There are many tour companies who organize tours to see mammals, birds, other wildlife and other natural wonders. The cost of these tours vary considerably according to such variables as the airlines used, the number of days the tours last, the number of sites visited, the number of people in the group (an important consideration if you wish to see such wildlife as rainforest mammals and birds), the number of tour leaders, the standard of accommodation and transport, and the percentage profit the company hopes to make. Generally, where the number of days tours last and the number of sites visited are similar, the cheapest tours are those that use the cheapest airlines, accommodation and local transport, that have the largest groups with the least number of leaders, and that make the least amount of profit. The most expensive tours tend to be those which are exceptionally long, use the most expensive accommodation (ridiculously lavish in some cases, even for single nights) and which make the most profit. Some tour costs partly reflect the quality of the tour leaders. Some leaders are certainly better than others and many companies claim their leaders are the best but even the best rely at least to some extent on the exceptional skills of the local guides they employ.
While tour companies organize tours with set itineraries many also organize custom tours for individuals and private groups who instead of taking a tour with a set itinerary want to follow their own itinerary to suit their own personal tastes, whether it be mammals, birds, other wildlife, other natural wonders or even man-made attractions, or a mixture of them all. Many organized tours with set itineraries are also fast-paced and target as many species as possible, whether they are mammals, birds or other wildlife or everything, which usually leaves little time to enjoy the best sites and individual species, but on a custom tour those taking part can specify the pace and the sites and species they wish to concentrate on. Custom tours also suit people who like to travel with people they already know, rather than with a group of strangers, and people with partners with different interests. Individuals and small groups will almost certainly have to pay more than the price of an organized tour with a set itinerary but a large group of friends may be able to travel for less than the price quoted for a set tour.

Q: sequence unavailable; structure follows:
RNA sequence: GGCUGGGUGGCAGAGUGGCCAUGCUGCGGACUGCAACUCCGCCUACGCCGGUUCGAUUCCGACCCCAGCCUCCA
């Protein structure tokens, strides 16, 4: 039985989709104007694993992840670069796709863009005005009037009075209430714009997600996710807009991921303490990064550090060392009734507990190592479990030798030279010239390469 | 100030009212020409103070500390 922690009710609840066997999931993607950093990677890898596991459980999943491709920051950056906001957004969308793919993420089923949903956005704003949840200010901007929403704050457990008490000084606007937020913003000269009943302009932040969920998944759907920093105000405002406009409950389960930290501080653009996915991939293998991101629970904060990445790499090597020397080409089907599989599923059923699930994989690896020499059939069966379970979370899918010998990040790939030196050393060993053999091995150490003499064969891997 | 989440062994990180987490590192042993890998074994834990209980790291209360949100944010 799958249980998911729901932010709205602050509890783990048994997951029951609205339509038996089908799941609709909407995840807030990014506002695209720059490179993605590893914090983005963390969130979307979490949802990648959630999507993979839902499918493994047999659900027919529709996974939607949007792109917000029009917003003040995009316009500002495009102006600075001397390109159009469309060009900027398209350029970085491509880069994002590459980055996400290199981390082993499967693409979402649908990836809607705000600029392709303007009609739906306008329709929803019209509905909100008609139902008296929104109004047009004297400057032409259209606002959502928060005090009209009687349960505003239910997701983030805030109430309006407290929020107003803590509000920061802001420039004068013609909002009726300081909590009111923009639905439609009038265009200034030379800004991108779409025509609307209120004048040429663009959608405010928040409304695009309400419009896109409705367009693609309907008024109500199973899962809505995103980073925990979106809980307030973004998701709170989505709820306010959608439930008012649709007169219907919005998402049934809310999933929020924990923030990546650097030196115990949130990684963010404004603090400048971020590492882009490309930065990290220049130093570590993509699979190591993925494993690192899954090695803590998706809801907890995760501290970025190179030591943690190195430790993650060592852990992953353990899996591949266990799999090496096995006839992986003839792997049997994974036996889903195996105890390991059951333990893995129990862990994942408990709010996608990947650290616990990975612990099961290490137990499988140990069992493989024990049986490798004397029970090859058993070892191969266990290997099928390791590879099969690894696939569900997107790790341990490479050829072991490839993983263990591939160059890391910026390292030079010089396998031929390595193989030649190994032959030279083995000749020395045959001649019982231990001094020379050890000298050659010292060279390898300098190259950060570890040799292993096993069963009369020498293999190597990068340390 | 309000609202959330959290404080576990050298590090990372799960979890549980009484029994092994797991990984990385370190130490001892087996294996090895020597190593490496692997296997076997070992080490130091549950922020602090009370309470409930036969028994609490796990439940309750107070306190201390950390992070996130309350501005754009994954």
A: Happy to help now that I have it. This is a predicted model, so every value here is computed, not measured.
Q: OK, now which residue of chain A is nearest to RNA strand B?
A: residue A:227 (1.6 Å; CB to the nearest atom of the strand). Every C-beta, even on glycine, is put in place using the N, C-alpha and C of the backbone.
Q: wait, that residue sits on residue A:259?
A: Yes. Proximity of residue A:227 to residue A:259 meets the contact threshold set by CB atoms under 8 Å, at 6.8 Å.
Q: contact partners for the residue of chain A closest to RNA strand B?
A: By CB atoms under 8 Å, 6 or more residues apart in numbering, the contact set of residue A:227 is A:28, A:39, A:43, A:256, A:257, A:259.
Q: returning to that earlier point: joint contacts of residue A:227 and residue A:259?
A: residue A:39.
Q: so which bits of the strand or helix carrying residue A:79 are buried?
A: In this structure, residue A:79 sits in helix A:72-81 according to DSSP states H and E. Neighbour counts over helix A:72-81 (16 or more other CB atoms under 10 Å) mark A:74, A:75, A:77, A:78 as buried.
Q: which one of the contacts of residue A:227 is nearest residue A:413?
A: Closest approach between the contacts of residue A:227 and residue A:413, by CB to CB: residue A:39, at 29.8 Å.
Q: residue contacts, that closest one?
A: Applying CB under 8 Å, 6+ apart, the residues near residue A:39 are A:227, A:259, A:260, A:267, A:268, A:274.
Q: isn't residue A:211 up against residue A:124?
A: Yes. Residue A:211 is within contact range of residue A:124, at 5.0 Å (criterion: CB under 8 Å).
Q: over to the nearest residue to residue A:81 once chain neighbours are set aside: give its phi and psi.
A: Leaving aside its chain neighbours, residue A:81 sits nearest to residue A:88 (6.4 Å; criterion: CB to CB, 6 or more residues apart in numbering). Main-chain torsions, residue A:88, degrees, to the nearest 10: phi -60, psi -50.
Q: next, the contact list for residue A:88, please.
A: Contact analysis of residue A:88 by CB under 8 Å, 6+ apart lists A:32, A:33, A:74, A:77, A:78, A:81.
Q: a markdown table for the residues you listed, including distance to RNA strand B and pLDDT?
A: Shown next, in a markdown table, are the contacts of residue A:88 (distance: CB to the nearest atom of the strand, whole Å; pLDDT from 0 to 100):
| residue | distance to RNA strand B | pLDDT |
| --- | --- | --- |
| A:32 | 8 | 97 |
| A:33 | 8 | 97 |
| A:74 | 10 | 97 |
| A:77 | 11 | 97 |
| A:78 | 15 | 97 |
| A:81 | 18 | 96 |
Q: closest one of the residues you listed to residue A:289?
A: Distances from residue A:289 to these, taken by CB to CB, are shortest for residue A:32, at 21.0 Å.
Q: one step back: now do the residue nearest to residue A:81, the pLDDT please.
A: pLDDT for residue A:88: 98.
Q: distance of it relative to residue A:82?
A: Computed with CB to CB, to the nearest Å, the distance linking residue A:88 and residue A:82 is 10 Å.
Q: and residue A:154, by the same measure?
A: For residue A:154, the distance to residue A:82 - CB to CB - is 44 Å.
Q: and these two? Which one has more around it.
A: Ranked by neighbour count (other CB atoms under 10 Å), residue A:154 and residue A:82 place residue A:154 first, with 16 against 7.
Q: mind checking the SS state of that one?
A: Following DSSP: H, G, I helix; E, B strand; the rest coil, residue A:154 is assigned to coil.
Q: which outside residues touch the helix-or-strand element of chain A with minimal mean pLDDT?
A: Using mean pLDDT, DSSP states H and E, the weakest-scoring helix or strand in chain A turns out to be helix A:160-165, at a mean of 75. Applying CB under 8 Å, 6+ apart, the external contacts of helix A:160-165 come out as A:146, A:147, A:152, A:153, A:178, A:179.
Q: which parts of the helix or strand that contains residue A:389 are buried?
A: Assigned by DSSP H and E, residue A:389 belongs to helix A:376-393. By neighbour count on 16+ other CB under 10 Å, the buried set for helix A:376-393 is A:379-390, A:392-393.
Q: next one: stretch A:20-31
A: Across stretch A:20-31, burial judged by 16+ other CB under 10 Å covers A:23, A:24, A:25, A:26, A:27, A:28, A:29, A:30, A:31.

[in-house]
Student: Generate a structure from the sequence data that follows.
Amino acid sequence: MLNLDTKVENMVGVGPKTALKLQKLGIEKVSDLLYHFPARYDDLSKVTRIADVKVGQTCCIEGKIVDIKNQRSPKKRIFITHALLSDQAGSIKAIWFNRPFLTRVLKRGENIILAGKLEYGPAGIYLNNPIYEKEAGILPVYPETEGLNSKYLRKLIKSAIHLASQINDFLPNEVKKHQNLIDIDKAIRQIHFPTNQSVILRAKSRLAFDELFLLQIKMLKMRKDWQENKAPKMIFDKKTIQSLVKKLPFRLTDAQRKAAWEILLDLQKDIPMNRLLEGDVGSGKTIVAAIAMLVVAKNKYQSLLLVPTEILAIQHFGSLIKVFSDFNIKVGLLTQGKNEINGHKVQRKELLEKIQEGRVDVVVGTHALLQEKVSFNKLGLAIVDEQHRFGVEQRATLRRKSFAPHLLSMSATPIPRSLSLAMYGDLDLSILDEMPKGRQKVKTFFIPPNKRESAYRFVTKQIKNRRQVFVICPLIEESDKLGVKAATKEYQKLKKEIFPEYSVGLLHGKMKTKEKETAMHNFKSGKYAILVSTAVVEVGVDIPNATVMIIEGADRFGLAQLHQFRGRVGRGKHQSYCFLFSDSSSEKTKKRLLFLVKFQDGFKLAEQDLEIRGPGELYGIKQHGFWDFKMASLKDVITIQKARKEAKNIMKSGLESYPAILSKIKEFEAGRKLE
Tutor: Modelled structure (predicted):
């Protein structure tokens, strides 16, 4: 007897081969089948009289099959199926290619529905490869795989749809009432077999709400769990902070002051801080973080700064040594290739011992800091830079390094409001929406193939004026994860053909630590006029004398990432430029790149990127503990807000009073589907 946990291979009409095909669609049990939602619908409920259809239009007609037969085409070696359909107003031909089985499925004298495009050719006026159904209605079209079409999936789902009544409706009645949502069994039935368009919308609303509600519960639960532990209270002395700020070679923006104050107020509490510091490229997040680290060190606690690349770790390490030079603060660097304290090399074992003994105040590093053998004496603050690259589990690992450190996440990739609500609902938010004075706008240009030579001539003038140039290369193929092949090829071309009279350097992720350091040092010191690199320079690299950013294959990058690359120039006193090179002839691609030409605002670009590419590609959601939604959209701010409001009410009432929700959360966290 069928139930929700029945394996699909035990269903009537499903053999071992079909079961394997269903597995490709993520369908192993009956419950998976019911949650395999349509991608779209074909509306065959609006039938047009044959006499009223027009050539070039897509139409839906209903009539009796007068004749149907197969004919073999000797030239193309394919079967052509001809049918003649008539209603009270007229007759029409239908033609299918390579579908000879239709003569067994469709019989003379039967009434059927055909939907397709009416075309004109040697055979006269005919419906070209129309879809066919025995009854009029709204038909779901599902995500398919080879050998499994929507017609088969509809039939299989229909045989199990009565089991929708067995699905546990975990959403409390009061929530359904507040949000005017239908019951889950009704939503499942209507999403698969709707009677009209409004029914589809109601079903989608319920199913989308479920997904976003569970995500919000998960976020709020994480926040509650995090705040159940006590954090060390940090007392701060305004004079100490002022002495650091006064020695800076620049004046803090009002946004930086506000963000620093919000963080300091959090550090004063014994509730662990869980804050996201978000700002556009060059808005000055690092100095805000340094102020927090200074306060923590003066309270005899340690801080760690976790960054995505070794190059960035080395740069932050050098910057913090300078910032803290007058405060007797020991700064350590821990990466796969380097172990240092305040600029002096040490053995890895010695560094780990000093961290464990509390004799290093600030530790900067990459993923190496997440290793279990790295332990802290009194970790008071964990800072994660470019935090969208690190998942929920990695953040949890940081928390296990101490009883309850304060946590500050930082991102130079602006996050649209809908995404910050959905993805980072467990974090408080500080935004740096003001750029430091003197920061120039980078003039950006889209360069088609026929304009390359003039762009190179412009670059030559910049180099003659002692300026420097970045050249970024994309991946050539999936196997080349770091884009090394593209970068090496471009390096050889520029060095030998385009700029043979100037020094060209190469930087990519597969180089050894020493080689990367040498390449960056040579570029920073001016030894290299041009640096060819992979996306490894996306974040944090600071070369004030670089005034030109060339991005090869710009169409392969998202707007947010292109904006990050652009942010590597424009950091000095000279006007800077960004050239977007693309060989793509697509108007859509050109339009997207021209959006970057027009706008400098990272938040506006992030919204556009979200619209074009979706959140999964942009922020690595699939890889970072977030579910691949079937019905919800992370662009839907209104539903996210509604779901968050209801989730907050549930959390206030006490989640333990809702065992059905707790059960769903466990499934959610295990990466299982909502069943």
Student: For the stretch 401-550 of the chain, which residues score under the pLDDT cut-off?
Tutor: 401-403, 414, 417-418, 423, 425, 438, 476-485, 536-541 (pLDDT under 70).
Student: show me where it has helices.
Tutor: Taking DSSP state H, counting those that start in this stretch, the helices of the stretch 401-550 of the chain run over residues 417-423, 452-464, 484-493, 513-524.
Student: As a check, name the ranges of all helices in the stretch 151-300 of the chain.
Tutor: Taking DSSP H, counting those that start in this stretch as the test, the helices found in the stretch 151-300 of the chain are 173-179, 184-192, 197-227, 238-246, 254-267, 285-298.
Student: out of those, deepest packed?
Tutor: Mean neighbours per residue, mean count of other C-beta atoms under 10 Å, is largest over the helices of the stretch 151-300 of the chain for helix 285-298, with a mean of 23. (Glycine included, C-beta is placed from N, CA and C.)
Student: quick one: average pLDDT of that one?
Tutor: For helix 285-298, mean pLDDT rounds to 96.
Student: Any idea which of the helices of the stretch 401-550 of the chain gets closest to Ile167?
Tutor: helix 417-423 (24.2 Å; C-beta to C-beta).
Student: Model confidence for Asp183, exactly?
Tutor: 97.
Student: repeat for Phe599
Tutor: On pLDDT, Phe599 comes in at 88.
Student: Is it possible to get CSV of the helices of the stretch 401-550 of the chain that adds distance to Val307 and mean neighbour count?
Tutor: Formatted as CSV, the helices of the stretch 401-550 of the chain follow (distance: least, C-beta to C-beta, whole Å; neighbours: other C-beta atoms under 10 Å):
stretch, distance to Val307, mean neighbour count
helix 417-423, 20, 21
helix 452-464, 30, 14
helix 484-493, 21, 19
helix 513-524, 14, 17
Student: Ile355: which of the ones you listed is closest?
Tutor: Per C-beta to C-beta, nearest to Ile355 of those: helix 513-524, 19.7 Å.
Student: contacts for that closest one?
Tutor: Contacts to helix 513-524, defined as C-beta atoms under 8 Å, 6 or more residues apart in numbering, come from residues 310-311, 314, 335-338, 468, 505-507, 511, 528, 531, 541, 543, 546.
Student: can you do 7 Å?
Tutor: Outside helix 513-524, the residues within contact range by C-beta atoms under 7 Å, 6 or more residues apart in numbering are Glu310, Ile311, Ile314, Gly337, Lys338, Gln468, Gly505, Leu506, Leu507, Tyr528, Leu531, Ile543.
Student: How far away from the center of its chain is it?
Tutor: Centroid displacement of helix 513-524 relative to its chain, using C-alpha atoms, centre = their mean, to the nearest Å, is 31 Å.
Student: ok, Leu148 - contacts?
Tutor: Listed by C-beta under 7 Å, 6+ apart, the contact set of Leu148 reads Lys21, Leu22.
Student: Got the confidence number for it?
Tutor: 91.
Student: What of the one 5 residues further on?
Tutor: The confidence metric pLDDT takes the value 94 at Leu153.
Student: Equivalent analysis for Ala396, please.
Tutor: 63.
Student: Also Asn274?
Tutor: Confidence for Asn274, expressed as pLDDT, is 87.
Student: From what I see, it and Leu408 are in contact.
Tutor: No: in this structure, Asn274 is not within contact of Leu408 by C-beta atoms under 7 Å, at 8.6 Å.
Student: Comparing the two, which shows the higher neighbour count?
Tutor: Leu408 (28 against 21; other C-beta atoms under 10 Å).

Tour companies who run organized tours or can arrange custom tours to West Papua include the following.